Video: Sliding Widgets, States, and Styles in Prefab. Adapting desktop interfaces for touch screen use, with sliding widgets, slow fine tuned pointing with magnification, simulating rollover to reveal tooltips:
Video: A General-Purpose Bubble Cursor. A general purpose target aware pointing enhancement, target editor:
PDF: Prefab: Implementing Advanced Behaviors Using Pixel-Based Reverse Engineering of Interface Structure. Morgan Dixon and James Fogarty. (2010). Proceedings of the SIGCHI Conference on Human Factors in Computing Systems. CHI '10. ACM, New York, NY, 1525-1534. 22%
PDF: Prefab: What if Every GUI Were Open-Source? Morgan Dixon and James Fogarty. (2010). Proceedings of the SIGCHI Conference on Human Factors in Computing Systems. CHI '10. ACM, New York, NY, 851-854.
Morgan Dixon's Research Statement: http://morgandixon.net/morgan-dixon-research-statement.pdf
Community-Driven Interface Tools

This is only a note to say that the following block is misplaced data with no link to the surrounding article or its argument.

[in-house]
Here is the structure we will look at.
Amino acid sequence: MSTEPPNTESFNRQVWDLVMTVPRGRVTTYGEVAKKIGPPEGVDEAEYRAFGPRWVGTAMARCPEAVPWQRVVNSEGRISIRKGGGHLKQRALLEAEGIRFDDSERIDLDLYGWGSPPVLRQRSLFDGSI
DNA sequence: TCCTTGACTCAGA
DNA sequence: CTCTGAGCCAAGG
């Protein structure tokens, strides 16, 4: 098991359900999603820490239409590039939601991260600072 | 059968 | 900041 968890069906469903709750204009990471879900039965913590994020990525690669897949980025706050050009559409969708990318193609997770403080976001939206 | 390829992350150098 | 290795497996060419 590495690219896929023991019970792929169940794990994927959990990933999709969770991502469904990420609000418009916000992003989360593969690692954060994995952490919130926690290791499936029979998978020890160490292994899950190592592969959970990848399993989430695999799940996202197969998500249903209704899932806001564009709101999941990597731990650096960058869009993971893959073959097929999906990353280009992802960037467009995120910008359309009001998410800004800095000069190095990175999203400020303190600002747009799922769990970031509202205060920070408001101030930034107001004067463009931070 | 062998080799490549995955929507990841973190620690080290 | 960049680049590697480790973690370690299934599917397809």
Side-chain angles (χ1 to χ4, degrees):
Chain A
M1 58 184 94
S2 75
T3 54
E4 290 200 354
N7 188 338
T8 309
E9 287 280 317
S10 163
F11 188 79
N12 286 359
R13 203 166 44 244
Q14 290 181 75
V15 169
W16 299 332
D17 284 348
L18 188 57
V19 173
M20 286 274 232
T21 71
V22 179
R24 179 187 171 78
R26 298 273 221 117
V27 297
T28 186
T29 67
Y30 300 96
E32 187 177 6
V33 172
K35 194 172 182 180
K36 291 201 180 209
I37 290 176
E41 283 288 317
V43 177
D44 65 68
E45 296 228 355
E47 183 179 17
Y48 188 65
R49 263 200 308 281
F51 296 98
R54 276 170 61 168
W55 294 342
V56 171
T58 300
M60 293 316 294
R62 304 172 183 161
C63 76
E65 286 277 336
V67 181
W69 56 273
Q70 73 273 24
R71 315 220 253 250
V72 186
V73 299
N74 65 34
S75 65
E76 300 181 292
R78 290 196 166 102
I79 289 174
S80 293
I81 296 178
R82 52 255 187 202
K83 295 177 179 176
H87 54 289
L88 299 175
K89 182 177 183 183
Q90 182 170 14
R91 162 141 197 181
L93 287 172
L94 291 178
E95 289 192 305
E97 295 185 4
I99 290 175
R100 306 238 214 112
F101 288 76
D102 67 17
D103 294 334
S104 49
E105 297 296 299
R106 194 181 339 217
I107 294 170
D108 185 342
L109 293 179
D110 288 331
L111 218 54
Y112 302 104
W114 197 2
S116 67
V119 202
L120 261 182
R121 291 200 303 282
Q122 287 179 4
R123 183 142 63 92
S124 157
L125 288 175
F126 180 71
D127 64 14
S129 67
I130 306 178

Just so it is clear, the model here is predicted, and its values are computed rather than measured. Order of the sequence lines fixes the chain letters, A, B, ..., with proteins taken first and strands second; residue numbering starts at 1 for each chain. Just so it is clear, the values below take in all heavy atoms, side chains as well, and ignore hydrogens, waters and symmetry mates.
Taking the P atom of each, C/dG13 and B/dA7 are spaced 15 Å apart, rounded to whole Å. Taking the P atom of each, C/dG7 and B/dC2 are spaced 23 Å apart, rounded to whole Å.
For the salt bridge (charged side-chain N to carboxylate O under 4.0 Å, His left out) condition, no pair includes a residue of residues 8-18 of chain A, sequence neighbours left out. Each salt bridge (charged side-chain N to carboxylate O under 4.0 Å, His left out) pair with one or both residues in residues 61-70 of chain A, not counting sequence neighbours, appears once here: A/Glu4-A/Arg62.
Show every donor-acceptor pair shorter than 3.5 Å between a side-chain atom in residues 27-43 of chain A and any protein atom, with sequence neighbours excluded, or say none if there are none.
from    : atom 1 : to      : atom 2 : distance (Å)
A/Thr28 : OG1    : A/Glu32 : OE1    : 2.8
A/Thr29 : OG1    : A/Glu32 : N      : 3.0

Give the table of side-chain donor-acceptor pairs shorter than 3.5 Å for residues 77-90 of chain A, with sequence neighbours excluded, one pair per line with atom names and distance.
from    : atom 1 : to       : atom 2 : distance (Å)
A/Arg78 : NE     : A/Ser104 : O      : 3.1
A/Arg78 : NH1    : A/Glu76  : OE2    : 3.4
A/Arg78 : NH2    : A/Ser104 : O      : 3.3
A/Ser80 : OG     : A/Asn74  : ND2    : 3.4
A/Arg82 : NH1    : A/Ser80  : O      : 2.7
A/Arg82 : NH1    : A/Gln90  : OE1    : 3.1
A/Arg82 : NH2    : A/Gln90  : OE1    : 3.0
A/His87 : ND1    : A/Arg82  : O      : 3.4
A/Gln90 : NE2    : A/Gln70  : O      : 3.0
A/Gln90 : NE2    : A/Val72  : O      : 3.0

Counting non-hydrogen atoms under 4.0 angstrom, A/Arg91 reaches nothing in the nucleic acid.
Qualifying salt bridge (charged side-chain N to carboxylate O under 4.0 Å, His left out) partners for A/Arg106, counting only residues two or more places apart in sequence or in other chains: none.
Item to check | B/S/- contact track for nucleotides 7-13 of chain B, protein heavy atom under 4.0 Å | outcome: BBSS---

Today, most interfaces are designed by teams of people who are collocated and highly skilled. Moreover,
any changes to an interface are implemented by the original developers and designers who own the
source code. In contrast, I envision a future where distributed online communities rapidly construct and
improve interfaces. Similar to the Wikipedia editing process, I hope to explore new interface design tools
that fully democratize the design of interfaces. Wikipedia provides static content, and so people can
collectively author articles using a very basic Wiki editor. However, community-driven interface tools will
require a combination of sophisticated programming-by-demonstration techniques, crowdsourcing and
social systems, interaction design, software engineering strategies, and interactive machine learning.